Read our COVID-19 research and news.

Slumber protects the innocent. Researchers found it easy to extract false confessions from the sleep-deprived.

Slumber protects the innocent. Researchers found it easy to extract false confessions from the sleep-deprived.

Kimberly Fenn

Feeling sleepy? You may confess to a crime you didn’t commit

Didn't get your 40 winks last night? Better not get yourself arrested, or you may admit to a crime you didn't commit. False confessions are surprisingly easy to extract from people simply by keeping them awake, according to a new study of sleep deprivation. It puts hard numbers to a problem that criminal law reformers have worried about for decades.

The “crime” in question took place in a sleep lab run by Kimberly Fenn at Michigan State University in East Lansing. Together, she and Elizabeth Loftus, a psychologist at the University of California (UC), Irvine, and two of their former Ph.D. students recruited 88 Michigan State students to take part in an experiment. During two separate visits, the students worked at computers solving problems and filling out questionnaires. They were all given a stern warning: Do not press the escape key, because it will erase important study data.

After their second session, the subjects were split into two groups. Half of them were forced to stay awake all night under the watch of the researchers. Scrabble, TV shows, and a card game called euchre seemed to do the trick. The rest were allowed to get a full night's sleep. But that also required policing. "We actually had a student leave the study because he wanted to stay awake all night to study for an exam the next day," Fenn says, adding that "I certainly do not advocate this!"

The next morning, everyone received a typed statement describing their performance. The statement accused them of hitting the escape key on the first day, even though none of them actually did so—the computers recorded all keystrokes. Then they were asked to sign the statement to confirm its accuracy. If they refused, they were asked a second time to sign.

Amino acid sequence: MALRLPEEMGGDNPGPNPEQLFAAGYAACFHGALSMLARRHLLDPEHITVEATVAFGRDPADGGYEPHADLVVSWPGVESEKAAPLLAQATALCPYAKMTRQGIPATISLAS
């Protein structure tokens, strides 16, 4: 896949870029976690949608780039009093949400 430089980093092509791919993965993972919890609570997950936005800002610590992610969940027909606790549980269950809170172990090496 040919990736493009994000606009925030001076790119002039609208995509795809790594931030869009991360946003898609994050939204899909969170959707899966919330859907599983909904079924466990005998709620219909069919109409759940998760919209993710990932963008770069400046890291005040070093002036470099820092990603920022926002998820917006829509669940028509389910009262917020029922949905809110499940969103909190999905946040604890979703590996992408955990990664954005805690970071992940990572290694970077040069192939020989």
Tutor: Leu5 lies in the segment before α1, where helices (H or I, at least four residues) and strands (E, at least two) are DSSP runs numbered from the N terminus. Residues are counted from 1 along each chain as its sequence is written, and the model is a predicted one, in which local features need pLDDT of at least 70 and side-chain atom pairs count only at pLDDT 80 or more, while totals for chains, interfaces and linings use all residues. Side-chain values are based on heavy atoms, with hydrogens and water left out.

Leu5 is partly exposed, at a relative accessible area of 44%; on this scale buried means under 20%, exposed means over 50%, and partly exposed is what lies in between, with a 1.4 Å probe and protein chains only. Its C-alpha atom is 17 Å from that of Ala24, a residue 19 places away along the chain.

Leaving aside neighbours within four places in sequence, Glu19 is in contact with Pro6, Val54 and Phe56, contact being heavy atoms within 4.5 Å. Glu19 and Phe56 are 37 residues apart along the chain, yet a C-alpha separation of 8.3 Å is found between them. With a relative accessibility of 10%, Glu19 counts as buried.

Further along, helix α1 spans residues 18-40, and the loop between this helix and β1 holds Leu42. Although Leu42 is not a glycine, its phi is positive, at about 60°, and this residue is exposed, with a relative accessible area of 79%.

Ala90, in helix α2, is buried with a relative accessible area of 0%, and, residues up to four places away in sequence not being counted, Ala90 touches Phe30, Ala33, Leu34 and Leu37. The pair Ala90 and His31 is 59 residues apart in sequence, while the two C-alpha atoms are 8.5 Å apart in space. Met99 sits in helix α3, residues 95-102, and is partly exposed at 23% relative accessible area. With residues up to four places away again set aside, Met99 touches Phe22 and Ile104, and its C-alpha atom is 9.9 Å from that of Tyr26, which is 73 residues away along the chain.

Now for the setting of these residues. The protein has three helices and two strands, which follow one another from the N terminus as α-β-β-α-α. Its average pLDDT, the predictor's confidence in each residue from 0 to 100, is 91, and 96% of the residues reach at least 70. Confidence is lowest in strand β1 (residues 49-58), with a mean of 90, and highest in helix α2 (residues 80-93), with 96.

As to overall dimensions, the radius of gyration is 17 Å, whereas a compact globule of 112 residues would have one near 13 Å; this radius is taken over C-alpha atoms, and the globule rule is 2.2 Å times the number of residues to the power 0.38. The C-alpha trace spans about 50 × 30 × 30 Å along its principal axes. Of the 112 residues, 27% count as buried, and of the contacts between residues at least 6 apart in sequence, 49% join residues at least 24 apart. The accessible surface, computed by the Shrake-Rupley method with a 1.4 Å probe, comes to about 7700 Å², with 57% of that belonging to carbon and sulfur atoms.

When they were asked the first time to confess, only eight of the 44 well-rested subjects admitted guilt; asking them a second time doubled that number. So even clear-headed people could be fooled into making a false confession. But losing sleep boosted those numbers significantly: 22 of the sleep-deprived subjects made a false confession when asked once, and 30 of the 44 confessed when asked again, the team reports today in the Proceedings of the National Academy of Sciences.

The study puts hard numbers to a trend on which interrogators have long relied. Sleep deprivation was used to elicit confessions in the early years of the Catholic inquisition, 17th century witch hunts, and more recently during 20th century U.S. policing and Soviet interrogations.

"Every year more and more people are released from prison who were convicted on the basis of a confession that turns out to be false," Aaron Benjamin, a psychologist at the University of Illinois, Urbana-Champaign. "It’s counterintuitive that people would admit to having committed a major crime if they hadn’t, but they do." The experiment may seem like a far cry from a real police interrogation, but "suspects are often interrogated late at night or after a long period of being held in a police station where sleep is difficult or even discouraged." And that may be leading to more false confessions.

So should all suspects and witnesses be given a full night's sleep before giving a statement to the police? Letting suspects sleep will protect the innocent but may also let more criminals off the hook by helping them resist interrogation, says John Wixted, a psychologist at UC San Diego who recently published a study on the vulnerability of eyewitnesses to false accusation. "As the authors point out, sleep deprivation would presumably increase true confessions," because it seems to compromise self-control, Wixted says. "Thus, from a purely scientific standpoint—setting aside ethical consideration—it’s a tradeoff."